Chapel turned his face back toward Matthew, again almost nose-to-nose. His smile was gone. Matthew could see his own face, scared witless, in the lenses. "The name."
"His name is..." Matthew hesitated, his heart pounding. No one was going to save either Berry or him. He had to do what he could, to buy them some time and figure a way out of this.
"Mr. Ripley is waiting," Chapel whispered.
Matthew said, "His name is Dippen Nack. He's a constable."
The room seemed frozen.
Chapel looked at Evans. "Dippen Nacki What kind of name is thati Do you know himi"
"No sir," said the hunter.
Chapel returned his attention to his prisoner and began to fidget with the silver buttons of Matthew's waistcoat. "Mr. Evans, get the census book and find out if indeed there's a Mr. Dippen Nack included on the list. Beautiful buttons, by the way."
Evans removed the eye clamp from Berry's orb, which must have been nearly dried out. She blinked rapidly, as if trying to push it back into its socket without benefit of her fingers. Evans went to the desk and opened a drawer. He came out with a thin brown leather book. Matthew recognized it. a copy of the New York census, undertaken last year by order of the late lamented Mayor Hood. Matthew felt the sweat dripping under his arms. If Nack had a wife and a houseful of kids or lived with his mother, it was all up.
"Dippen Nack is an alias," he said, to relieve his steam. "I don't know his real name."
Evans' index finger was searching. "Here he is, sir. Dippen Nack. Lives on Nassau Street." He brought the book over to display the name and address.
"Very good. Well, there is such a man. No wife or children, I see. Tell me, Lawrence, do you recall the names of the Swanscott boysi Were they Toby and Michaeli"
"I think they were, but it'll just take a moment to look up the file. I'm sure we have that jotted down somewhere."
"Go ahead, then."
Evans went to the file cabinet, opened a drawer, and began going through papers.
Matthew squirmed in his chair, as much as he was able. He heard Berry make a muffled sound between a cry of pain and an oath. Her hair was still being gripped by Miss LeClaire's pitiless hands. "Please, sir," he said to Chapel, "won't you let her goi"
"No," came the reply. "But I suppose we needn't be so harsh. Charityi One hand only."
"Found it, sir!" Evans announced. He leaned forward, reading something. "Yes, that was their names. But hold on!" He paused. "Now that's interesting," he said, in a voice that sent a coursing of fresh terror through Matthew. "It seems the Swanscotts had-"
Matthew decided to take a chance, and if he was wrong it might be the last thing he ever spoke. "a third son, yes I know. an infant who died right after birth."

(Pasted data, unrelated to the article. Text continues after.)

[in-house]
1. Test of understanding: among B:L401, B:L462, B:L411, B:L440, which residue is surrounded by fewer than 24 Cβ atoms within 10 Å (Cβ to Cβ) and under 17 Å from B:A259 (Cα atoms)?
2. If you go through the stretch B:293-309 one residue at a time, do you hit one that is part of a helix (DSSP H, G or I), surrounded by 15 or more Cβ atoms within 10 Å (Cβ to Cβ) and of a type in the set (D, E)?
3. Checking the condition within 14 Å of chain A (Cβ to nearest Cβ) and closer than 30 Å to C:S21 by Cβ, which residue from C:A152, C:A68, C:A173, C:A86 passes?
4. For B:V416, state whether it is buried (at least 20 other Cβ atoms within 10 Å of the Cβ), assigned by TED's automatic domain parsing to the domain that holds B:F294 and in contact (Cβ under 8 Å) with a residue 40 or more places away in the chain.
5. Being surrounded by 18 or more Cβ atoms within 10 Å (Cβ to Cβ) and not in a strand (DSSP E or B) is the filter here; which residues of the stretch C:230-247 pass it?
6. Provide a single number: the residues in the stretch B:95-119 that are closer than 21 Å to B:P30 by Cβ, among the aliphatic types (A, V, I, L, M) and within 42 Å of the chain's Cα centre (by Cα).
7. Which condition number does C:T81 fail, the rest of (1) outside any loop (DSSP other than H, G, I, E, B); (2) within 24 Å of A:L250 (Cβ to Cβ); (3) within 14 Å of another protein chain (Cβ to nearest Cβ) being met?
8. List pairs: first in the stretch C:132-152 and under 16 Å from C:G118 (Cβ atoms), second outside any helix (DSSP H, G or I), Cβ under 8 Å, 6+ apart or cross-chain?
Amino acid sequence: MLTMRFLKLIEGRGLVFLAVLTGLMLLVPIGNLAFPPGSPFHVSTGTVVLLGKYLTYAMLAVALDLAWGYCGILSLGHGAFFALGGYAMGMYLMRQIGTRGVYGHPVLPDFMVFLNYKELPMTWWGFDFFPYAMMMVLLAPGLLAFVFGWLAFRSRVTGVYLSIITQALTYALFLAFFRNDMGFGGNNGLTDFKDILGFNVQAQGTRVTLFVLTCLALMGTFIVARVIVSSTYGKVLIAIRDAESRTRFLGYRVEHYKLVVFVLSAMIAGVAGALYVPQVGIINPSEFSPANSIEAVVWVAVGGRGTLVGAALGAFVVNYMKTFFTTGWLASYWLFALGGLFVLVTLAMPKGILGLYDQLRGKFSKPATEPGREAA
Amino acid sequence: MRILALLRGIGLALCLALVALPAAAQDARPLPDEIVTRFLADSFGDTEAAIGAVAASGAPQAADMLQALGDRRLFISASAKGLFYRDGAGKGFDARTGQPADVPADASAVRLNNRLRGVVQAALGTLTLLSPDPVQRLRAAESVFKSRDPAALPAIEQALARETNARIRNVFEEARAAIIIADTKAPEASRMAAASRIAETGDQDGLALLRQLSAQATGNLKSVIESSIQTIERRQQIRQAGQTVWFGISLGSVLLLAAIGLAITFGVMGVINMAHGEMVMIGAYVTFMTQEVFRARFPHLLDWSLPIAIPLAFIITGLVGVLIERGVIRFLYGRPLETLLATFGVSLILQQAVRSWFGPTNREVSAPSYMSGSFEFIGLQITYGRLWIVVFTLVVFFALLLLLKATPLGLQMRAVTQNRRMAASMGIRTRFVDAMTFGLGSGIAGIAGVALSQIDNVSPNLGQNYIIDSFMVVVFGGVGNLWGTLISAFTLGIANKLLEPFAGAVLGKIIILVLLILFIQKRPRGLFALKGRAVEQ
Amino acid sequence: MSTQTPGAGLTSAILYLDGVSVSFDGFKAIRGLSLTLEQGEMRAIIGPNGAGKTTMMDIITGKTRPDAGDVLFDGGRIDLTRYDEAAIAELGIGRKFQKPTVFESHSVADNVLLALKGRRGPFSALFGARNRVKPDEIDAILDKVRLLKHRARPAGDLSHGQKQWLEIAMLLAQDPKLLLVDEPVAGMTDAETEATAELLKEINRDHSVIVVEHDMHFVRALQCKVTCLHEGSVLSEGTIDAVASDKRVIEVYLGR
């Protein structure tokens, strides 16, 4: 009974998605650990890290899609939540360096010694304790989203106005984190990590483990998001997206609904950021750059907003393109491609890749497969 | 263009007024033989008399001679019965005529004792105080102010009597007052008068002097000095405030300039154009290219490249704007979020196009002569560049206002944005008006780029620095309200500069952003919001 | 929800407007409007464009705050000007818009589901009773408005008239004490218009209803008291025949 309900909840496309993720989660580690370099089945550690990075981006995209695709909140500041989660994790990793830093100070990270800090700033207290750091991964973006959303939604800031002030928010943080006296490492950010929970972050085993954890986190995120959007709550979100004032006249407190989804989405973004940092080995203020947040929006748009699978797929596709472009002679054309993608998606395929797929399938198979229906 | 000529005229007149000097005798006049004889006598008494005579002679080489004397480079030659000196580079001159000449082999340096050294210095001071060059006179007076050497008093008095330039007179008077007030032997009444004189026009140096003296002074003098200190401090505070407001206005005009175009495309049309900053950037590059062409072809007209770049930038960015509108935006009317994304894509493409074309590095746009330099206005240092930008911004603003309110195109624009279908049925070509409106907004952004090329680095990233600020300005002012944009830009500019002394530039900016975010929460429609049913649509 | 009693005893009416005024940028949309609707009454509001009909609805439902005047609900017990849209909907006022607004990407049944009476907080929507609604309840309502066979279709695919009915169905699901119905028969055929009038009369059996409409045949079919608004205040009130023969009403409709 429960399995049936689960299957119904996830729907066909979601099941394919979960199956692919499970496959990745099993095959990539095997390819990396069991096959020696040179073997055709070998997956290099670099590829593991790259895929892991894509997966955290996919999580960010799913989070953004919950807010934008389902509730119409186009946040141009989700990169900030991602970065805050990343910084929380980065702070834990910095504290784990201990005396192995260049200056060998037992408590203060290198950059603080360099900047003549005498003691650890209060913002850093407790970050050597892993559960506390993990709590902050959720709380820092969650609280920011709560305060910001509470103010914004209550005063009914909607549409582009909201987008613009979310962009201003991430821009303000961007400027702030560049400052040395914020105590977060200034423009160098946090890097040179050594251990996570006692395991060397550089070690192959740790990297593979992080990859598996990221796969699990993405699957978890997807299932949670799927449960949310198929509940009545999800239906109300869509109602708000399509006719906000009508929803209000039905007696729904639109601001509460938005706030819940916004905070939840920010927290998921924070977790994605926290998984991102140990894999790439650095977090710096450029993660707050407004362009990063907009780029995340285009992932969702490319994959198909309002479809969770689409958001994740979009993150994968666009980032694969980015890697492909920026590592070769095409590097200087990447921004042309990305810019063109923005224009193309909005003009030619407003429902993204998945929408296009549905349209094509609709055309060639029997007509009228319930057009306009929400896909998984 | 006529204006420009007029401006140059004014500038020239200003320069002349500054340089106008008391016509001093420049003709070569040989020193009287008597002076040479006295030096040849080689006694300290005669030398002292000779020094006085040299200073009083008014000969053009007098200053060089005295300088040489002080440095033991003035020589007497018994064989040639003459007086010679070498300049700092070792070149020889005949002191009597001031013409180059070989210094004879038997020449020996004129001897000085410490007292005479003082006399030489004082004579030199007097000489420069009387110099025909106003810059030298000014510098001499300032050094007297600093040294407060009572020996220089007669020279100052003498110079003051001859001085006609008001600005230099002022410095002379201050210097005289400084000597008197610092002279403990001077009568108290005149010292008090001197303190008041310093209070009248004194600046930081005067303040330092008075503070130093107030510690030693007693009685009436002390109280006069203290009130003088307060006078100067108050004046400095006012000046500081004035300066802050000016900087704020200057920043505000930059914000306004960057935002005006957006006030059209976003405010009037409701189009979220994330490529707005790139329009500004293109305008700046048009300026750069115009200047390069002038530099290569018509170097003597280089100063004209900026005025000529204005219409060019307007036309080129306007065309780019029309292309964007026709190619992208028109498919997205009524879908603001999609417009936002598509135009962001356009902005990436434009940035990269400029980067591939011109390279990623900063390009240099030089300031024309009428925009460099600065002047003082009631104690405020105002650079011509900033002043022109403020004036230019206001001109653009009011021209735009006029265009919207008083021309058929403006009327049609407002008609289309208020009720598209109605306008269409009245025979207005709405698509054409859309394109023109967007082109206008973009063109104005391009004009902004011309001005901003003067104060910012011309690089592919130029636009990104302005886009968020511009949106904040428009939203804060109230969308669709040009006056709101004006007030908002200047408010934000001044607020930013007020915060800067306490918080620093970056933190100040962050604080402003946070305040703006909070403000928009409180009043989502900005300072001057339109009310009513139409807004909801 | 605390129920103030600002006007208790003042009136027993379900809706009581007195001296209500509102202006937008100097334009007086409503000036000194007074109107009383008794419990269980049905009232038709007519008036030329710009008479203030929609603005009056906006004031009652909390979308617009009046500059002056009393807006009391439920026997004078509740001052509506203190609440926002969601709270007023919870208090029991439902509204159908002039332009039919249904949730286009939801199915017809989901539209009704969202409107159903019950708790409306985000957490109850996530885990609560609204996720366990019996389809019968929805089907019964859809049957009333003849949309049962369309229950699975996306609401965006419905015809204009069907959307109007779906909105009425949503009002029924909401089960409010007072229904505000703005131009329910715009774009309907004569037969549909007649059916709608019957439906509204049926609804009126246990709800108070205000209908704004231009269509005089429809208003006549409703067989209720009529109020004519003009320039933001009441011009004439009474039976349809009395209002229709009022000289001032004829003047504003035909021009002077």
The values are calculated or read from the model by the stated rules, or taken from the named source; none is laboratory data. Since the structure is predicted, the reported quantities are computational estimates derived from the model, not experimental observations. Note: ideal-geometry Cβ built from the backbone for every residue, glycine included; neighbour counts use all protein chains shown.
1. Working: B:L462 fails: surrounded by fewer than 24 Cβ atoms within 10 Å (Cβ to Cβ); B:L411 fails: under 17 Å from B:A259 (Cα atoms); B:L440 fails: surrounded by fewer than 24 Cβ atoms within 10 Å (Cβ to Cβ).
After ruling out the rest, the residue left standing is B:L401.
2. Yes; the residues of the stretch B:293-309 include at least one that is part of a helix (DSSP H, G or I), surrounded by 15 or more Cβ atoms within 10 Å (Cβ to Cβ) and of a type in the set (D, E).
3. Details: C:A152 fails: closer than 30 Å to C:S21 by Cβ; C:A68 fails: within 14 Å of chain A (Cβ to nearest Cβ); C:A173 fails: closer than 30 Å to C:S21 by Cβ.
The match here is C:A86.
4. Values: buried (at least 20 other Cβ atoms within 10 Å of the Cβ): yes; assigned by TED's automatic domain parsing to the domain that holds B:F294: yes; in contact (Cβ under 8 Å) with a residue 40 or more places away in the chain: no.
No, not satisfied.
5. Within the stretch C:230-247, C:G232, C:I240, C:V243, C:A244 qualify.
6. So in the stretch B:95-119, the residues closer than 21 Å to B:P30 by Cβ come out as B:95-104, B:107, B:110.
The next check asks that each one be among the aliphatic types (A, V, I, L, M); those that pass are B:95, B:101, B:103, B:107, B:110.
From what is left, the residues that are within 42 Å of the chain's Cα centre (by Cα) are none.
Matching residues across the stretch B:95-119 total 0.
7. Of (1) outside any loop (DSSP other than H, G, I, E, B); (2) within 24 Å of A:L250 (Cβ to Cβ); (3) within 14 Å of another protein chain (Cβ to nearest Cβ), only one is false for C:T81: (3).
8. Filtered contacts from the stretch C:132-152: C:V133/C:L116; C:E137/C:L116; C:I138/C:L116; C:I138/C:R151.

Evans was silent, still reading.
"Welli" Chapel asked.
"He's correct, sir. There's a small notation here. an infant who died soon after birth, according to the medical copy from London." He held up the yellowed parchment. "Care to see iti"
"No." Chapel grinned. "Dippen Nack, ehi The only way Matthew could have known about that dead infant was from a family member. a fourth son! Unofficial, of course. It makes sense, doesn't iti The Masker being a constablei He could creep around all night, stalk his victims, and then..." a finger across the throat completed his point.
Someone was climbing the stairs. It sounded like a pegleg. Matthew looked to the side as Carver, the sandy-haired, thick-set, and heavy-lidded second hunter and sometime stomperboy, limped into the room.
"Mr. Chapel!" he said. "Pardon, but the fellas want to know if we're havin' a game today."
"Yes, we certainly are." Chapel stood up. "Tell them, and tell Edgar and Hastings to get everything ready. Oh...wait. after you've done that, I want you and Mr. Bromfield to take your horses and ride back to town. Go to the stable there and secure a third horse. Then proceed to..." He checked the census book. "Number Thirty-Nine Nassau Street. Wait until dark if you have to, but bring back a man named Dippen Nack. Be careful, as he may be very dangerous and quite mad, but do not-I repeat-do not injure him in such a way that any further injury would be redundant and ineffective. all righti" He glanced at Evans. "Who's on the gate todayi"
"Enoch Speck, sir."
"On the way out, tell Mr. Speck he may join in the game after he locks up tight. Go, the both of you!"
When the two hunters had gone, one in obvious distress from a bruised shin, Chapel made a motion to Jeremy, who cut the cords binding Berry to the chair. Miss LeClaire released Berry's hair, but Matthew noted she had many red strands stuck between her fingers.
"Up, the both of you." Chapel extended his hands and motioned them to their feet with a waggling of his fingers. "Get that out of her mouth, please."
Berry turned toward the elegant bitch to have the glove extracted. Matthew saw it before Miss LeClaire did: a crimson glare in Berry's eyes, like the distant watchfire on a rocky coast proclaiming Danger, many ships have perished here.